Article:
Do you want to learn how to improve your internal linking strategy? If so, you’re in the right place!
Internal links play a pivotal role in the success of your small business. Simply put, these are hyperlinks on your website that lead to other destinations within the same domain. You can include internal links on your blog posts, landing pages, and virtually any other high-traffic area on your site.
Google, the largest search engine in the world, gets around 79,456 searches every second. They use these types of links to browse websites and rank them in their search results. If your site is a bunch of standalone pages with no links to other posts on your site, the algorithm may have trouble understanding the intent of your article.
Perhaps more importantly, internal links can help you build a smooth experience for your audience. Instead of mindlessly browsing your blog, users can follow hyperlinks on your posts. As a result, it’s easier for visitors to find what they are looking for, which can improve engagement and sales.
Below, I’ll share five ways to fine-tune your SEO strategy by improving your internal links.
Let’s dive in!
Blogging is one of the best ways to build your internal linking structure. The first thing I recommend is clustering topics together, so you understand which posts will theoretically work well together.
For instance, an all-in-one marketing SaaS would have cluster topics that read like this:
Email MarketingSocial Media MarketingSEOPay-Per-Click (PPC)
If two articles are about email marketing, there’s a good chance they are suitable candidates for internal linking.
The key is to consistently create new content and expand your internal links around topic clusters in a way that makes sense for Google and your users. If you’re wondering about the impact of a high-quality blog on these two groups, consider that 77% of internet users read blog posts and blogging businesses get 524% more pages indexed by Google.
Aside from creating new blog posts, you should also go back and freshen up older content. As your blog evolves, you’ll discover more internal linking opportunities. In the example I mentioned earlier, the business may add a new feature to the email marketing aspect of their software. Now, they can include internal links to the feature showcase in existing posts.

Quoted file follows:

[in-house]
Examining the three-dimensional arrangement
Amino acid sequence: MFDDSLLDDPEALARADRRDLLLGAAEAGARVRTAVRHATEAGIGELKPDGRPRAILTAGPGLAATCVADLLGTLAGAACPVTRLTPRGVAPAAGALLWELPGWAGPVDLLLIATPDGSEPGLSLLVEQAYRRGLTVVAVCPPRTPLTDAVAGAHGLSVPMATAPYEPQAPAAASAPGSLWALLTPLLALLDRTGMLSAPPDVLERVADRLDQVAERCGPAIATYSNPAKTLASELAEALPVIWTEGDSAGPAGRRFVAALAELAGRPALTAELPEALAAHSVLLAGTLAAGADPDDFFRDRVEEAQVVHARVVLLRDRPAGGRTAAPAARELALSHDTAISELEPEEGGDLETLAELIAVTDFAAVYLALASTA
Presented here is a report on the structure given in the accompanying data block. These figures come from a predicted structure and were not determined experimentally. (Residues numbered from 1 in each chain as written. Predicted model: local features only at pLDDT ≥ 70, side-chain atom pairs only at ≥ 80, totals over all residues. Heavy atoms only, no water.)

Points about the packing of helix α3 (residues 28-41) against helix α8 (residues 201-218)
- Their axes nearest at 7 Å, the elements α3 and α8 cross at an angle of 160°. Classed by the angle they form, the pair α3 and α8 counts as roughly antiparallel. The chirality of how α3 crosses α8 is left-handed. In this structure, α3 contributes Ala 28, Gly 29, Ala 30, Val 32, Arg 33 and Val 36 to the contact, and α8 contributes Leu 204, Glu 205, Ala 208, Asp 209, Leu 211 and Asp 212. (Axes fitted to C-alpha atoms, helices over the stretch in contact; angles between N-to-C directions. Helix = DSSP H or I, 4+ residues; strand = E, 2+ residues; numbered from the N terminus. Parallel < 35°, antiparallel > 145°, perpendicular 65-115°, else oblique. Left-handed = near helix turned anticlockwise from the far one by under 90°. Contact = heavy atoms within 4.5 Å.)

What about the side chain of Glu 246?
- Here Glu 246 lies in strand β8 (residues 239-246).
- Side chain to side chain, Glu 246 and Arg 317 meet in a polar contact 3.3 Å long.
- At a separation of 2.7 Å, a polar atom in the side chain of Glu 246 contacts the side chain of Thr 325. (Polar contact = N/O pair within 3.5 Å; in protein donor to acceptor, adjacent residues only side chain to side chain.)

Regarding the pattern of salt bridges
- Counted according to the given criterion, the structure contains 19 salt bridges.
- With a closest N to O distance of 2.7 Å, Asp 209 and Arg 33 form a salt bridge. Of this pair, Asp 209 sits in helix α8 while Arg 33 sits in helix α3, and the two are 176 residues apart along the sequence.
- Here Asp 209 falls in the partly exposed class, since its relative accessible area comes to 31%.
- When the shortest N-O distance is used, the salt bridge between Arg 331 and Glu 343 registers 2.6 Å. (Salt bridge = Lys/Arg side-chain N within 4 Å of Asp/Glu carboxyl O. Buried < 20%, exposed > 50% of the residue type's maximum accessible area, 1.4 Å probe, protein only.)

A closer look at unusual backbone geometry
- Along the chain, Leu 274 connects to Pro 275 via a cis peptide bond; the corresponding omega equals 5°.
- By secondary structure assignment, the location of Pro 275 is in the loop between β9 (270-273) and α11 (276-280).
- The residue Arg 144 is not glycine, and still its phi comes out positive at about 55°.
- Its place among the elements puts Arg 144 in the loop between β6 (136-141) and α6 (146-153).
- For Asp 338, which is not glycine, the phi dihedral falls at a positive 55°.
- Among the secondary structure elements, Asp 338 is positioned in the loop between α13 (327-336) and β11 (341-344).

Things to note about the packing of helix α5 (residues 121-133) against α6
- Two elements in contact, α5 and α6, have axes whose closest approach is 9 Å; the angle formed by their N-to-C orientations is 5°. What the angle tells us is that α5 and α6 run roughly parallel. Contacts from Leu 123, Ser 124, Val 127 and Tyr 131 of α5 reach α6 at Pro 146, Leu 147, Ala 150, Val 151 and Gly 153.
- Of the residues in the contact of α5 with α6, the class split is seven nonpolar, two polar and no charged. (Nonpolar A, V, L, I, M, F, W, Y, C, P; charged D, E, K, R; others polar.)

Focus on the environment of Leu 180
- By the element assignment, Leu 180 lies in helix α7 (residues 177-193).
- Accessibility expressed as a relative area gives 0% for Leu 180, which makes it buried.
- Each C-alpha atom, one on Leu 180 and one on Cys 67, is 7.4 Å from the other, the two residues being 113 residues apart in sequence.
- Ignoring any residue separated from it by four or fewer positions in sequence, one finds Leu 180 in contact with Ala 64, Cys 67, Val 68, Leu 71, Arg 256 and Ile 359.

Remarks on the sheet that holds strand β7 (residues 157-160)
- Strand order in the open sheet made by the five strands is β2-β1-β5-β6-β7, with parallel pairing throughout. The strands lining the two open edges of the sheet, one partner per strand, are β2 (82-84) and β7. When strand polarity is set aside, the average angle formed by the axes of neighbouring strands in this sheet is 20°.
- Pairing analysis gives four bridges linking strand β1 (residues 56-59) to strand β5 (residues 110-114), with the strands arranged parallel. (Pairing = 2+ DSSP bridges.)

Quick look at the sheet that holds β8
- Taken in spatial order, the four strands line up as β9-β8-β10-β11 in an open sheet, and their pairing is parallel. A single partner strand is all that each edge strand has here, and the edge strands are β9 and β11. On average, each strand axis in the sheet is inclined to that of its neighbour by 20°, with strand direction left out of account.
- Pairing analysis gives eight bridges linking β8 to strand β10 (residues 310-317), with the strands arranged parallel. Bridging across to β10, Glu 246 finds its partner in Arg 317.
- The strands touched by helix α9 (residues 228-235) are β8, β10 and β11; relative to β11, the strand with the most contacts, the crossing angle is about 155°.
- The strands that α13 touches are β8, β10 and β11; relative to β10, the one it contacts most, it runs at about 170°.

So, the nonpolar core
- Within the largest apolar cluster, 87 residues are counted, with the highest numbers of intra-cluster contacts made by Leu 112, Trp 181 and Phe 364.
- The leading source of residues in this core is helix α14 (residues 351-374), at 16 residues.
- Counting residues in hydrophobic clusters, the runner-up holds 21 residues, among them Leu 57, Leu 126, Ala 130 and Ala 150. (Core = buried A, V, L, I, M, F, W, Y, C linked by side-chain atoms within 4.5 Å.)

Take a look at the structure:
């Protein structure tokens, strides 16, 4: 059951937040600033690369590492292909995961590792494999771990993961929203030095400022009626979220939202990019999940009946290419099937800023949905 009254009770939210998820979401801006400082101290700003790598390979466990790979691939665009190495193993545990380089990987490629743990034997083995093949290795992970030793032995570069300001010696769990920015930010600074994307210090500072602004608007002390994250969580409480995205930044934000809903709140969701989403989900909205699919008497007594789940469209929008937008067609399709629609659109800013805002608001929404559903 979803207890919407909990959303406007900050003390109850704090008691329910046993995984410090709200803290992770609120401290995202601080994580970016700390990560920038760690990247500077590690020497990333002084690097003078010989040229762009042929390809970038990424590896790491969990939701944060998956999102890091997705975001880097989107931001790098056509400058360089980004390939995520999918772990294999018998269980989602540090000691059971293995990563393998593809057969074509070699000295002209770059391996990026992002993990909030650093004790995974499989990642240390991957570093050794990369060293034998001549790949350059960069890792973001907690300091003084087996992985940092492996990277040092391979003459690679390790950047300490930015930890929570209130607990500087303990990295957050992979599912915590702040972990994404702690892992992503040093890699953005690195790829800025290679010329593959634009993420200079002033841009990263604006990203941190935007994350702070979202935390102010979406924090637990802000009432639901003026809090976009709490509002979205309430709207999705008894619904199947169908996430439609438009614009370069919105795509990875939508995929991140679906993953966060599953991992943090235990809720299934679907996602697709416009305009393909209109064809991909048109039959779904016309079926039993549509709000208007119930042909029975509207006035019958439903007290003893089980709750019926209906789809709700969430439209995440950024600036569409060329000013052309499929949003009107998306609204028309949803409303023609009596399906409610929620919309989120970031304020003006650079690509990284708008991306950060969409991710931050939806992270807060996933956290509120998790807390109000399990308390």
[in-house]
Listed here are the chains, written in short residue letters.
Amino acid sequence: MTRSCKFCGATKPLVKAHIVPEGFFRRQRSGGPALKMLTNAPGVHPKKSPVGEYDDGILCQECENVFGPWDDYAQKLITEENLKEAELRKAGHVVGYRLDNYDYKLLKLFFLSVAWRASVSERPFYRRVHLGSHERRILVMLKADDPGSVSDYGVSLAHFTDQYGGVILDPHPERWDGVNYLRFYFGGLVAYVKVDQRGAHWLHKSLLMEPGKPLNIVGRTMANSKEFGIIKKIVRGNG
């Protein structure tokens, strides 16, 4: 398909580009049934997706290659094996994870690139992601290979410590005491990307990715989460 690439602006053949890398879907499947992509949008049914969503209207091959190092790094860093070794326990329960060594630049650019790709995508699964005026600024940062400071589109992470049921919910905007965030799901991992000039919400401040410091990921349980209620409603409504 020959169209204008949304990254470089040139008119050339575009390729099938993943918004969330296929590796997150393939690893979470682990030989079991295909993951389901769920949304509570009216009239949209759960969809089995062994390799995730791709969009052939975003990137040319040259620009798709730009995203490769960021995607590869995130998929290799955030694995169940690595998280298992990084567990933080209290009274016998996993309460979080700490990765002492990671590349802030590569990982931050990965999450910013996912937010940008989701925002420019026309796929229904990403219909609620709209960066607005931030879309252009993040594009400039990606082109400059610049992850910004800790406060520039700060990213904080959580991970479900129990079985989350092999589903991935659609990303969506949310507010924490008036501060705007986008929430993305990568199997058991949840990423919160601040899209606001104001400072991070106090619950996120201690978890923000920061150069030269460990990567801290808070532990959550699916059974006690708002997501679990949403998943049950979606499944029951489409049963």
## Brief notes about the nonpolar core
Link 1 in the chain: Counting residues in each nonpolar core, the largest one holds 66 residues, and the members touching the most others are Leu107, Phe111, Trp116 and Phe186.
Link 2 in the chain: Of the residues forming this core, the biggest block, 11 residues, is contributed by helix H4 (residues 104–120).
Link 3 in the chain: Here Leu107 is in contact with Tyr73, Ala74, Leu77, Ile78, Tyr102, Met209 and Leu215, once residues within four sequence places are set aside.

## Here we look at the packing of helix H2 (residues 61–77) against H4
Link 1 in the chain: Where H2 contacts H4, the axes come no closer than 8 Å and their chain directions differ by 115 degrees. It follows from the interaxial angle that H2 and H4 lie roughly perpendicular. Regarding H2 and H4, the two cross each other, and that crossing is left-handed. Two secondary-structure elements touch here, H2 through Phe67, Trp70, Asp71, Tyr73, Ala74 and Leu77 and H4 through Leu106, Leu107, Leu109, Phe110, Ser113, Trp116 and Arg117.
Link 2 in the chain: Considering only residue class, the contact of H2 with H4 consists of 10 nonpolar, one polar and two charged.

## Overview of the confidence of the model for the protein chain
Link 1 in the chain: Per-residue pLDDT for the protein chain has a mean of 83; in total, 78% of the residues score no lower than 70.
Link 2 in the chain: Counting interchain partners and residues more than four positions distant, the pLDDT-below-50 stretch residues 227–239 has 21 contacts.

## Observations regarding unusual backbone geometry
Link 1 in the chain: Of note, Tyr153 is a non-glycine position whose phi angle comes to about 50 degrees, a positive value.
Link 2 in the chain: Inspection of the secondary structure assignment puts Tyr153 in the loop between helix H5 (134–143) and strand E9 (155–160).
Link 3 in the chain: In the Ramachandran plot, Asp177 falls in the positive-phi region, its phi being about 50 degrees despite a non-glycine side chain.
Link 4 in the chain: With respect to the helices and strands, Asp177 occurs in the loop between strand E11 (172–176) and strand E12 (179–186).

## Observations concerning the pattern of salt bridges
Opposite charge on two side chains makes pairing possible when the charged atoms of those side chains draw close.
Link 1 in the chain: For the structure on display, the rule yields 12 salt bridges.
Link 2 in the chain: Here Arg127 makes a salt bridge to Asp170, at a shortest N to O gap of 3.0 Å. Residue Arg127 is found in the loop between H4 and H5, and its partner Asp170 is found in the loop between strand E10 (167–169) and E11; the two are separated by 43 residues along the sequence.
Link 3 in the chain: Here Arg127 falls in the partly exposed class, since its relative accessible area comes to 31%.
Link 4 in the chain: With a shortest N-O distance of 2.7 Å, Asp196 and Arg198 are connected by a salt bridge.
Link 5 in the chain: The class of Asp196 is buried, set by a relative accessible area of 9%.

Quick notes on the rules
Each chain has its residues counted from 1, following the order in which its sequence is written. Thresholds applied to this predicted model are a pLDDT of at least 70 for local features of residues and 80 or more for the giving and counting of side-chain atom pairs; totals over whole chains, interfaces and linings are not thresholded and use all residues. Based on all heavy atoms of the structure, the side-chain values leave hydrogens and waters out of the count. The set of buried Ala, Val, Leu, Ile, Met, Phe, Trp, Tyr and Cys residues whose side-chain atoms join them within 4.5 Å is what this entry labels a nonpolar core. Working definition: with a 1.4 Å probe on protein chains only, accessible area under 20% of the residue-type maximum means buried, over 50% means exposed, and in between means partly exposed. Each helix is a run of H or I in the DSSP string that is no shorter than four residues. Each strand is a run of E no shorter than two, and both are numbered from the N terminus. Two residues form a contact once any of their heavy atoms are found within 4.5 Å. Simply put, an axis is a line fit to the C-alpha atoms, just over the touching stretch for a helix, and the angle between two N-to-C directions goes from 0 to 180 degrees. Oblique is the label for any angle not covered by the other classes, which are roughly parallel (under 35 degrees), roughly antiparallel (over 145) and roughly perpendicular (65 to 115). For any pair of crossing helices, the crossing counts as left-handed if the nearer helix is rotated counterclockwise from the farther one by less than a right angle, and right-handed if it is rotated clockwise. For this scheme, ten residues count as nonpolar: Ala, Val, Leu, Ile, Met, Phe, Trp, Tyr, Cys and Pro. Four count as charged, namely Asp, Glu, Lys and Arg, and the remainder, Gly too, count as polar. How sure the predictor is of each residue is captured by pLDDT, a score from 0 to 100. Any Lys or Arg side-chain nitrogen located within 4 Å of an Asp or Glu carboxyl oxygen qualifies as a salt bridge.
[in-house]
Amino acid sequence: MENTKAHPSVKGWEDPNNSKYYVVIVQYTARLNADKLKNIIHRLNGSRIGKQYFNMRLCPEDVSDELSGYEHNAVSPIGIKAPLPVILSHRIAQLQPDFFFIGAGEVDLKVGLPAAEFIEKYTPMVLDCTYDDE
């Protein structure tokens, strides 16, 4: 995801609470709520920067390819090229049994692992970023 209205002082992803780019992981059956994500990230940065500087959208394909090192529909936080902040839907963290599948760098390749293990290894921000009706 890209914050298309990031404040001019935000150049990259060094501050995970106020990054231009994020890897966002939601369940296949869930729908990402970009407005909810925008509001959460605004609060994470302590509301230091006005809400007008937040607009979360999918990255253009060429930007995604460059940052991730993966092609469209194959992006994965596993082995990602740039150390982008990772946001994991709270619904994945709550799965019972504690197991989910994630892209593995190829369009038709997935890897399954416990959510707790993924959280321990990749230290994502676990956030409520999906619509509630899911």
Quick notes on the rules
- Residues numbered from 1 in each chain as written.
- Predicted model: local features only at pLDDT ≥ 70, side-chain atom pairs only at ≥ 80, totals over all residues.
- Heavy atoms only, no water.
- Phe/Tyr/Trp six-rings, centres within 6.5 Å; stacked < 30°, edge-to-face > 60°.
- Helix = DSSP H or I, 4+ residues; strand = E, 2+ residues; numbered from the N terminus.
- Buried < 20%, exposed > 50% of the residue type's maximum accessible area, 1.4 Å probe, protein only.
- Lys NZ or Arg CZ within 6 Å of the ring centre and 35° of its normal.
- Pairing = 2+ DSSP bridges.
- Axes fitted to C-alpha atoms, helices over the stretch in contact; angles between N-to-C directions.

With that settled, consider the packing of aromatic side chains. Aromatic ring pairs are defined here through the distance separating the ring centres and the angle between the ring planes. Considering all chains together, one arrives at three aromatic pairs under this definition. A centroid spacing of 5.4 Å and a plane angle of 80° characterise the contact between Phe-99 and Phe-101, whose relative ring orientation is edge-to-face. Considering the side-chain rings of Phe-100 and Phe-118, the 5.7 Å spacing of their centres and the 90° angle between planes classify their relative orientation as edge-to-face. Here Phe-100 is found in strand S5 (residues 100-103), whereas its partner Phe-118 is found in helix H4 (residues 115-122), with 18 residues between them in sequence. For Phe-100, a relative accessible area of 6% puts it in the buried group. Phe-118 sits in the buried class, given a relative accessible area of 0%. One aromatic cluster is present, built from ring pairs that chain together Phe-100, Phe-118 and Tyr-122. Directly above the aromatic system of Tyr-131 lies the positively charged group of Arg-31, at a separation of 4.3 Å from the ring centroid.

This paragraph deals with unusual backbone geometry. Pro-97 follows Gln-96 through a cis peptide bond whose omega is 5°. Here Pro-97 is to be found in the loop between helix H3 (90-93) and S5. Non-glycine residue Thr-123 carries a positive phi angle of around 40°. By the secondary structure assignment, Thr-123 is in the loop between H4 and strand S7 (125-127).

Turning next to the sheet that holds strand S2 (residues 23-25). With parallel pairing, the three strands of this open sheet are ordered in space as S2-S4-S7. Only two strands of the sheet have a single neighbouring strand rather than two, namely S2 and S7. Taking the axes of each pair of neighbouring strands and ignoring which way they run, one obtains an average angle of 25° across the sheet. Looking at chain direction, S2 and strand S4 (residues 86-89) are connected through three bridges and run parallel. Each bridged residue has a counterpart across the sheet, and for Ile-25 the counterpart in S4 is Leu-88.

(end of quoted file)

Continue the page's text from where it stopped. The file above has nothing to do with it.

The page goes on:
Now that you know how to start planning your links let’s talk about keywords and anchor text. Anchor text is where you choose to attach the hyperlinks to other pages. Believe it or not, the text you use in this instance can determine the effectiveness of your internal links.
Google’s algorithm looks at the anchor text to learn a little more about the intent of the link. If the word or phrase is relevant to the hyperlinked page, Google can make connections about overarching topics and themes. Consequently, the search algorithm will have an easier time ranking your business for the right keywords.
On average, users type three or more words when they want to find something online. Use a keyword research tool to determine which long-tail words will attract visitors to your site. Now, find ways to strategically use your keywords as the anchor text for your posts. With this strategy, you can grow traffic on both pages, especially if both articles use similar or identical keywords.
Research shows that 90% of pages get 0% traffic from the search giant Google. I believe this is, in part, due to businesses using poor hyperlink and anchor text combinations.
DoFollow links are essential to your internal linking strategy. When you add a hyperlink to your website, you have two options; DoFollow and NoFollow.
NoFollow signals to Google that the link should not be tracked and included as part of the official internal linking structure. As a result, your pages won’t share link equity, which can cause problems down the road.
So, if you spend a lot of time creating an ultimate guide and include links to tons of posts on your site but accidentally choose NoFollow links, Google’s algorithm will miss a massive piece of content. This situation may reduce the effectiveness of your overall SEO strategy.
DoFollow links are the opposite. When Google sees one of these links, they track down the source and build a more accurate map of the content on your site.
Finally, I recommend reviewing your website analytics and looking for top-performing content. Specifically, you’ll want to look for posts with a high number of backlinks.
The search algorithm views backlinks as a form of social currency. If people trust you enough to link to your content on their website, you must be doing something right!
Pages with many backlinks tend to show up on Google and generally have more authority. You can use this content to boost the authority of other parts of your website.
Here’s an example:
Page 1 has 200 backlinks
Page 2 has 10 backlinks
Adding an internal link from page 1 to page 2 can pass some of the authority to the second page. Once you identify a high-profile page, start thinking about ways you can connect the post to other articles on your website.
The truth is, you can’t build a concrete internal linking strategy overnight. This aspect of your SEO strategy is something you need to work on continuously if you want to thrive. The advice offered above will help you build a framework that you can use to grow your business and improve your search position for prominent industry keywords.